A new SpaceX is filing details of the plans of Starlink to provide phones, an emergency backup to voice calls, and lower-cost plans for those with poor incomes under the Government’s Lifeline program.
The specifics are contained in Starlink’s request for the Federal Communications Commission for designation as an eligible Telecommunications Carrier (ETC) under the Communications Act. SpaceX stated that it needs legal status in a few states where it has received federal funding to install broadband in areas that are not yet developed. This ETC designation requires financial reimbursements from the Lifeline Program of the FCC for providing discounts on telecom services to those with low incomes.
SpaceX programs Starlink phones, backup in case of emergency, and access for people with low income
Starlink is currently in Beta and will cost just $99 per month with a one-time cost for 499 dollars for the device, the tripod that mounts it and the router. As we mentioned yesterday that the SpaceX filing also states that Starlink currently has more than 10,000 users across the US and around the world. SpaceX is expected to have the capacity to serve millions of customers in the United States. The company has permission to install up to one million terminals for users (i.e. satellite dishes) as well as in the process of seeking FCC approval to increase the maximum-deployment limit to 5 million user terminals.
Although the Starlink beta does not include broadband service, SpaceX stated that they will in the future offer VoIP service that will include “(a) voice-grade connectivity to the network of public switched phone (‘PSTN’) or its equivalent function; (b) minutes of local service usage free of charge to the end user; (c) access to emergency services, and (d) services for toll limitation for consumers with low incomes who qualify.”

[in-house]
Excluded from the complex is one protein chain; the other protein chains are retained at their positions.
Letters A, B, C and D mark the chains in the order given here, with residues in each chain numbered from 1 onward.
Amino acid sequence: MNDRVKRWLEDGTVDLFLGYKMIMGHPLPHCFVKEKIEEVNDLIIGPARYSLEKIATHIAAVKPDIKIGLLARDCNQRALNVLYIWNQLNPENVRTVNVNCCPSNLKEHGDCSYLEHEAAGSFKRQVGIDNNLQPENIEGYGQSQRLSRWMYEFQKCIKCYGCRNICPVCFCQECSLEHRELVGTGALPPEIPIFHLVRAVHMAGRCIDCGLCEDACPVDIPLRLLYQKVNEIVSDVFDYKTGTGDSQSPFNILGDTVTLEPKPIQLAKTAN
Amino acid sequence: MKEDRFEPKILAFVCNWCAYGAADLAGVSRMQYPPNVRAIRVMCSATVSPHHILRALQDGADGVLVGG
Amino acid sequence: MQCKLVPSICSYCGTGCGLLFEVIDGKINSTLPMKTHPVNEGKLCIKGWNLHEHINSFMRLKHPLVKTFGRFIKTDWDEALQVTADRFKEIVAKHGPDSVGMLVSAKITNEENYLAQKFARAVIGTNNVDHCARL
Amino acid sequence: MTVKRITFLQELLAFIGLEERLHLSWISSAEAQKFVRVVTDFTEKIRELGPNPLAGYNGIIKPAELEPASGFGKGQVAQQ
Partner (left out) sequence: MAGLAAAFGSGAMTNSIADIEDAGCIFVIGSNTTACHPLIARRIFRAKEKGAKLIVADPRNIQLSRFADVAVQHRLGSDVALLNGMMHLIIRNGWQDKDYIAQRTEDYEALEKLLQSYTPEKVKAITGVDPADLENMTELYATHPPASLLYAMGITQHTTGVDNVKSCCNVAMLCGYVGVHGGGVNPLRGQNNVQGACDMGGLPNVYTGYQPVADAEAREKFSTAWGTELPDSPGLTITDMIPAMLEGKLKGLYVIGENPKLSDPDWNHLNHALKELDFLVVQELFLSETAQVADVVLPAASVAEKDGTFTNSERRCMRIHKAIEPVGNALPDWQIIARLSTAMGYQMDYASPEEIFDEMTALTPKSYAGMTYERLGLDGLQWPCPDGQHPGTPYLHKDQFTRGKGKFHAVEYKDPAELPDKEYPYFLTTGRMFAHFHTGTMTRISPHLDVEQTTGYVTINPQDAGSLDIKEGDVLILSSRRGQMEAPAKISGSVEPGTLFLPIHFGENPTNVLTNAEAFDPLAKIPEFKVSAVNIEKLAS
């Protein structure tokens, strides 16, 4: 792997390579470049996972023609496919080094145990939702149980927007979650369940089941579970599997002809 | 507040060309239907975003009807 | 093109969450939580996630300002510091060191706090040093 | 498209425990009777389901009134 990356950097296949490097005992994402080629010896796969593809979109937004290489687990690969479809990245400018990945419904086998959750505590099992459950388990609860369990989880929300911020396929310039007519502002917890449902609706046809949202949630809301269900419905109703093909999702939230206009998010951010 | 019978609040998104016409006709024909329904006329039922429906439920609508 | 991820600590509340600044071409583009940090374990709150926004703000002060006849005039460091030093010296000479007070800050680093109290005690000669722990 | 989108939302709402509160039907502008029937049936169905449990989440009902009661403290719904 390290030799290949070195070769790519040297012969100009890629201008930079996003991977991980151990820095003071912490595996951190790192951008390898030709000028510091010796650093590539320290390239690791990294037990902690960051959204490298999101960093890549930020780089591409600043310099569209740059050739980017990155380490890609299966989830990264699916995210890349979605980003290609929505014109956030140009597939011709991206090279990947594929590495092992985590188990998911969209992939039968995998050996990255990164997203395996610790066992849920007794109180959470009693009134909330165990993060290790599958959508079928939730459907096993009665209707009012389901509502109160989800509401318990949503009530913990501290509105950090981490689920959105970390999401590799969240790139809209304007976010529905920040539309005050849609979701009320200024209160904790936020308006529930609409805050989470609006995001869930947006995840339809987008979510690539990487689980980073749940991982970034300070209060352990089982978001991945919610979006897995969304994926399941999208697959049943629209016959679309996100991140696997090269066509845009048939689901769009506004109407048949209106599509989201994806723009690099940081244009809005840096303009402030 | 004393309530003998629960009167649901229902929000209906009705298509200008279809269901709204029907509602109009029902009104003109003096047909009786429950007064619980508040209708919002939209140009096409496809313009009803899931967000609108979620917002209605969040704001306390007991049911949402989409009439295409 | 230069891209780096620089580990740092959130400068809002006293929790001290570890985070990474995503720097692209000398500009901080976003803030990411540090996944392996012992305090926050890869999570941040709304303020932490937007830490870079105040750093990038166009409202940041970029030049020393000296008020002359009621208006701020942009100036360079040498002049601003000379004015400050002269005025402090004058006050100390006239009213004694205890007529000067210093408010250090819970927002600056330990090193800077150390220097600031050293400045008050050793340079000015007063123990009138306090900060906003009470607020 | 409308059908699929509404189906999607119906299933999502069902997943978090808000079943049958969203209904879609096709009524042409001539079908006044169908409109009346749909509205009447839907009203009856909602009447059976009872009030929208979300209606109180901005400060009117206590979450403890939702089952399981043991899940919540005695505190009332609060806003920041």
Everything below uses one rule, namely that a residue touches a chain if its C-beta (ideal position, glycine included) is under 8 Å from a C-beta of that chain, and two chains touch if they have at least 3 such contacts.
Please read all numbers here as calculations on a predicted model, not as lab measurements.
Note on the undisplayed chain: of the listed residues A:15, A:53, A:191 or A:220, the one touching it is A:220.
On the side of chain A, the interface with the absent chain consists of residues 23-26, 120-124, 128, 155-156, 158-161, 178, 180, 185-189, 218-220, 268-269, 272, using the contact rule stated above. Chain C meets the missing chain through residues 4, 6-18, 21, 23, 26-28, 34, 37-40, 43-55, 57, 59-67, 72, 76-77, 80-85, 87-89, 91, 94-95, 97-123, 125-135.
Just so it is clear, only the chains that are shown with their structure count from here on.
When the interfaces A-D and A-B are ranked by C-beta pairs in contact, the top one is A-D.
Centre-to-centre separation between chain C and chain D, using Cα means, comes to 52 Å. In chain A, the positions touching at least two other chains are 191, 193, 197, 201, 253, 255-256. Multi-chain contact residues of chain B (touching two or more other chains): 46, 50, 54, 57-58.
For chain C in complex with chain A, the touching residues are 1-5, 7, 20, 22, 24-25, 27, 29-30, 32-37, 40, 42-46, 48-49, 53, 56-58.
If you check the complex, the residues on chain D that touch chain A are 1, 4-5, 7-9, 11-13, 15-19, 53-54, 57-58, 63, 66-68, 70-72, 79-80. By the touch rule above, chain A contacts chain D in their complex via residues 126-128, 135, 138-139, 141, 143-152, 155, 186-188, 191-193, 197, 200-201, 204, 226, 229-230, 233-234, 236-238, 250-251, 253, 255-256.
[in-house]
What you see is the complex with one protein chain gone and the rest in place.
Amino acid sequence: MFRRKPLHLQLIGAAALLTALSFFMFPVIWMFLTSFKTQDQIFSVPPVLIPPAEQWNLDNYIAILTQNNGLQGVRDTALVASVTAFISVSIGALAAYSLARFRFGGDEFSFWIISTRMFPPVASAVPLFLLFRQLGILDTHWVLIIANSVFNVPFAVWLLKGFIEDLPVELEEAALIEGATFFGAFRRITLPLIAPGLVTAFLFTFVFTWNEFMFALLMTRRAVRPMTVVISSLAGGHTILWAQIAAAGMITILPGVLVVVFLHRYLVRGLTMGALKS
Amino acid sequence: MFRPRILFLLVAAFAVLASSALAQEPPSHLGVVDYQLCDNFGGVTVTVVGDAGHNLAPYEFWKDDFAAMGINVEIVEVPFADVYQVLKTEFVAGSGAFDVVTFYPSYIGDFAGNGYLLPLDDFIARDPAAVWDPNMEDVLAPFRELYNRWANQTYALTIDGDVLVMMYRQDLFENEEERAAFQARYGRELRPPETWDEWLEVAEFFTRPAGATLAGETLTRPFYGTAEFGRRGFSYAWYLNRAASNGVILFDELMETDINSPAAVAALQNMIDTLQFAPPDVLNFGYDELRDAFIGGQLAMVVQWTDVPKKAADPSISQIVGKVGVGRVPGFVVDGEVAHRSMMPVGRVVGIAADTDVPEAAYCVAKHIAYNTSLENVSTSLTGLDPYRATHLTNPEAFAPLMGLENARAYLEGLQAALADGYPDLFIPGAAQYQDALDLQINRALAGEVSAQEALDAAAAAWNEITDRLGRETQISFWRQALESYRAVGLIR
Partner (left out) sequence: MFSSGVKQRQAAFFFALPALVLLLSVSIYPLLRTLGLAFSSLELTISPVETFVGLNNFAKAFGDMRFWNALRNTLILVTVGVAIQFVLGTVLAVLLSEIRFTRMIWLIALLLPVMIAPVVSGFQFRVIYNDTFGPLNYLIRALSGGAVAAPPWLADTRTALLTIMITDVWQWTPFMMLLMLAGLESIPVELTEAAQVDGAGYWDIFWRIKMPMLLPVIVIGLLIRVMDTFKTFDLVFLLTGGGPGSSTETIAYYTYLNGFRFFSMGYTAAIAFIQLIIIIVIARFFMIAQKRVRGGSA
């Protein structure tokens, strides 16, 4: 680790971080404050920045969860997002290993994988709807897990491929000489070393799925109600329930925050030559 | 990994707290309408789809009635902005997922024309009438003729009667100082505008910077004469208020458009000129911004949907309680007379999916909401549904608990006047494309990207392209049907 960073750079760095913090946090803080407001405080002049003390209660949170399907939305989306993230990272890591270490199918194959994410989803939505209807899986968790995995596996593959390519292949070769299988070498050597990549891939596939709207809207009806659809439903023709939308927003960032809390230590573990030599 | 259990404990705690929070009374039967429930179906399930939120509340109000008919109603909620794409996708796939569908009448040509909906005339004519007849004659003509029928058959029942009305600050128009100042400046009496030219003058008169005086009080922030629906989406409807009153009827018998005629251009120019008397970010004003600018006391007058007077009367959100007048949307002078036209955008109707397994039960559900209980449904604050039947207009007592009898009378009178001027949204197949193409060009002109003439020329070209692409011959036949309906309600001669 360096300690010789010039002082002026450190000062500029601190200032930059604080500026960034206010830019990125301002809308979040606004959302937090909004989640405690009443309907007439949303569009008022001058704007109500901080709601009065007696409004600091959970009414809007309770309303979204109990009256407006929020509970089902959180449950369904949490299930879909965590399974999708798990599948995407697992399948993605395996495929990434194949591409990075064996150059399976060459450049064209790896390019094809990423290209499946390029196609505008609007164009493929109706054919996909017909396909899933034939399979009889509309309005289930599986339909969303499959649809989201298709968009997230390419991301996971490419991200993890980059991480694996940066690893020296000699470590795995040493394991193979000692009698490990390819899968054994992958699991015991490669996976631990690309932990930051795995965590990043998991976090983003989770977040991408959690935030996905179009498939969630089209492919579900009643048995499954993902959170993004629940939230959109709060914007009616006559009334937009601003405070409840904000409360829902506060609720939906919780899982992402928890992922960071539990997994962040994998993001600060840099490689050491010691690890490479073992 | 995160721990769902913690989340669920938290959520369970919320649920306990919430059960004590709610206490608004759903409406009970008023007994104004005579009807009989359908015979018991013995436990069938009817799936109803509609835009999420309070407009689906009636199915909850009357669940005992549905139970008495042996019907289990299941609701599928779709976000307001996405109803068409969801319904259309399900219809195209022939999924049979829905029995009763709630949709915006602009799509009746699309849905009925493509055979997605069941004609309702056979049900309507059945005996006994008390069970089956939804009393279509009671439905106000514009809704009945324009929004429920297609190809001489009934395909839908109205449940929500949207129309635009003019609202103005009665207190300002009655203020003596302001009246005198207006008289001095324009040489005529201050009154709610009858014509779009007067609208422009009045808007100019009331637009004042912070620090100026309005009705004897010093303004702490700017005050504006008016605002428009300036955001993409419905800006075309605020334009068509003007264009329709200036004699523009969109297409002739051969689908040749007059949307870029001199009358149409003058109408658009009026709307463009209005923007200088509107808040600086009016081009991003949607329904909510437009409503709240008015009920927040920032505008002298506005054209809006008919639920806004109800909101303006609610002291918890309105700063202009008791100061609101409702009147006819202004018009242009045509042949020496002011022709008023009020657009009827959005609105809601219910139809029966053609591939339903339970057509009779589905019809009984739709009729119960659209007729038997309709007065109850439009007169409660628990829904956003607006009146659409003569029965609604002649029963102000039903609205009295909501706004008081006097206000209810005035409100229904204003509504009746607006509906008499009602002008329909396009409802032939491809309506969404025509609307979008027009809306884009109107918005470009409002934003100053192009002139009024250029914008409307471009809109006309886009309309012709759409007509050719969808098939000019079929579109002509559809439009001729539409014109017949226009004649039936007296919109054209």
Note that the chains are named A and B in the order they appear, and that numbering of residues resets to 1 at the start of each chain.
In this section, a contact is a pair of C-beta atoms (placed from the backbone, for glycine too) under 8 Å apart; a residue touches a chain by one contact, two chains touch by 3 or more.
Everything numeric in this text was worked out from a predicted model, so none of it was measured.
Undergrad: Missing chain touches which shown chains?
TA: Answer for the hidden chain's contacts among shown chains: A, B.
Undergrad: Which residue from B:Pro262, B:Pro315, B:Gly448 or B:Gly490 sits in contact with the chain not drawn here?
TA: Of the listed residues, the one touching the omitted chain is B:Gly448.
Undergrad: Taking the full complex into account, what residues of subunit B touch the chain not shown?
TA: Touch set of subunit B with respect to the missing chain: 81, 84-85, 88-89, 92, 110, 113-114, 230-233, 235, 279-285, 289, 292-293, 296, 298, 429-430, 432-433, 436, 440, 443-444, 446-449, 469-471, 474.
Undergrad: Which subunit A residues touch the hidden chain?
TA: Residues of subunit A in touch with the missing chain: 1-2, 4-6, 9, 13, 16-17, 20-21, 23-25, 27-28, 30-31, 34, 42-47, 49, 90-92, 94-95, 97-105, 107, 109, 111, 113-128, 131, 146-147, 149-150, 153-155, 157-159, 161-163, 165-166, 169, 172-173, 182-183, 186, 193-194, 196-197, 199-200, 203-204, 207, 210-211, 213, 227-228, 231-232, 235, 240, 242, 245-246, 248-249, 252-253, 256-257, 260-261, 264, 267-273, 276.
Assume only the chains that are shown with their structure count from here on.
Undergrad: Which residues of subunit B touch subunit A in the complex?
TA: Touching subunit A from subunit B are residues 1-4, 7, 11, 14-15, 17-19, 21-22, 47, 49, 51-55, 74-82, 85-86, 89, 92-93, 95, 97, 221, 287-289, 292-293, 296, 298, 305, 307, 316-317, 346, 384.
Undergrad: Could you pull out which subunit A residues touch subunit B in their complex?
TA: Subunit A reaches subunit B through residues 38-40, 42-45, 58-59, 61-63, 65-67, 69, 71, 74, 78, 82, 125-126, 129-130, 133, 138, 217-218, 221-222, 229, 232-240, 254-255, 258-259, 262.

Vocal service can be available “on an individual basis with rates which are similar to rates in urban areas,” SpaceX said. The plan isn’t in place yet. However, SpaceX announced it is exploring the possibility of creating “a white-label managed services provider (MSP) Voice platform.”
“In this plan of base, Starlink Services would provide customers with telephone services to the MSP’s platform through the capacity of its network, which can be accessed by consumers via their personal equipment for their customers,” the filing said. “Consumers can choose to use a third-party traditional phone that is connected to an Session Initiation Protocol standards-compliant analog terminal adaptor or a native IP phone that is selected from a catalog of models that are certified.”
SpaceX announced that it is looking into other options for phone service:
Starlink Services continues to assess the integration of alternative standalone voice apps to Starlink Services’ Starlink network and other third-party service providers, or perhaps developing its own unique solution. Starlink Services may choose to adopt these methods if further tests reveal that other options will provide a better experience for the customer or in the event that Starlink Services determines the end customer would benefit from the availability of different voice options to bring competition and redundancy to your supply chain.
Backup for emergencies
Similar to the other VoIP service providers, Starlink would sell a 24-hour battery backup option to clients who request it. “At the level of the user, Starlink Services will offer an option for battery backup that is 24 hours for devices used by the user which will allow users to make phone calls in the case that there is a power interruption,” SpaceX said.
The backup service that is available 24 hours a day is in line with an FCC regulation that was passed at the end of 2015 under the chairmanship of then-Chairman Tom Wheeler. While the backup feature mentioned in SpaceX’s filing is applicable to phone services, we’ve learned through Starlink’s Starlink Beta that this terminal can provide broadband by using a portable power supply.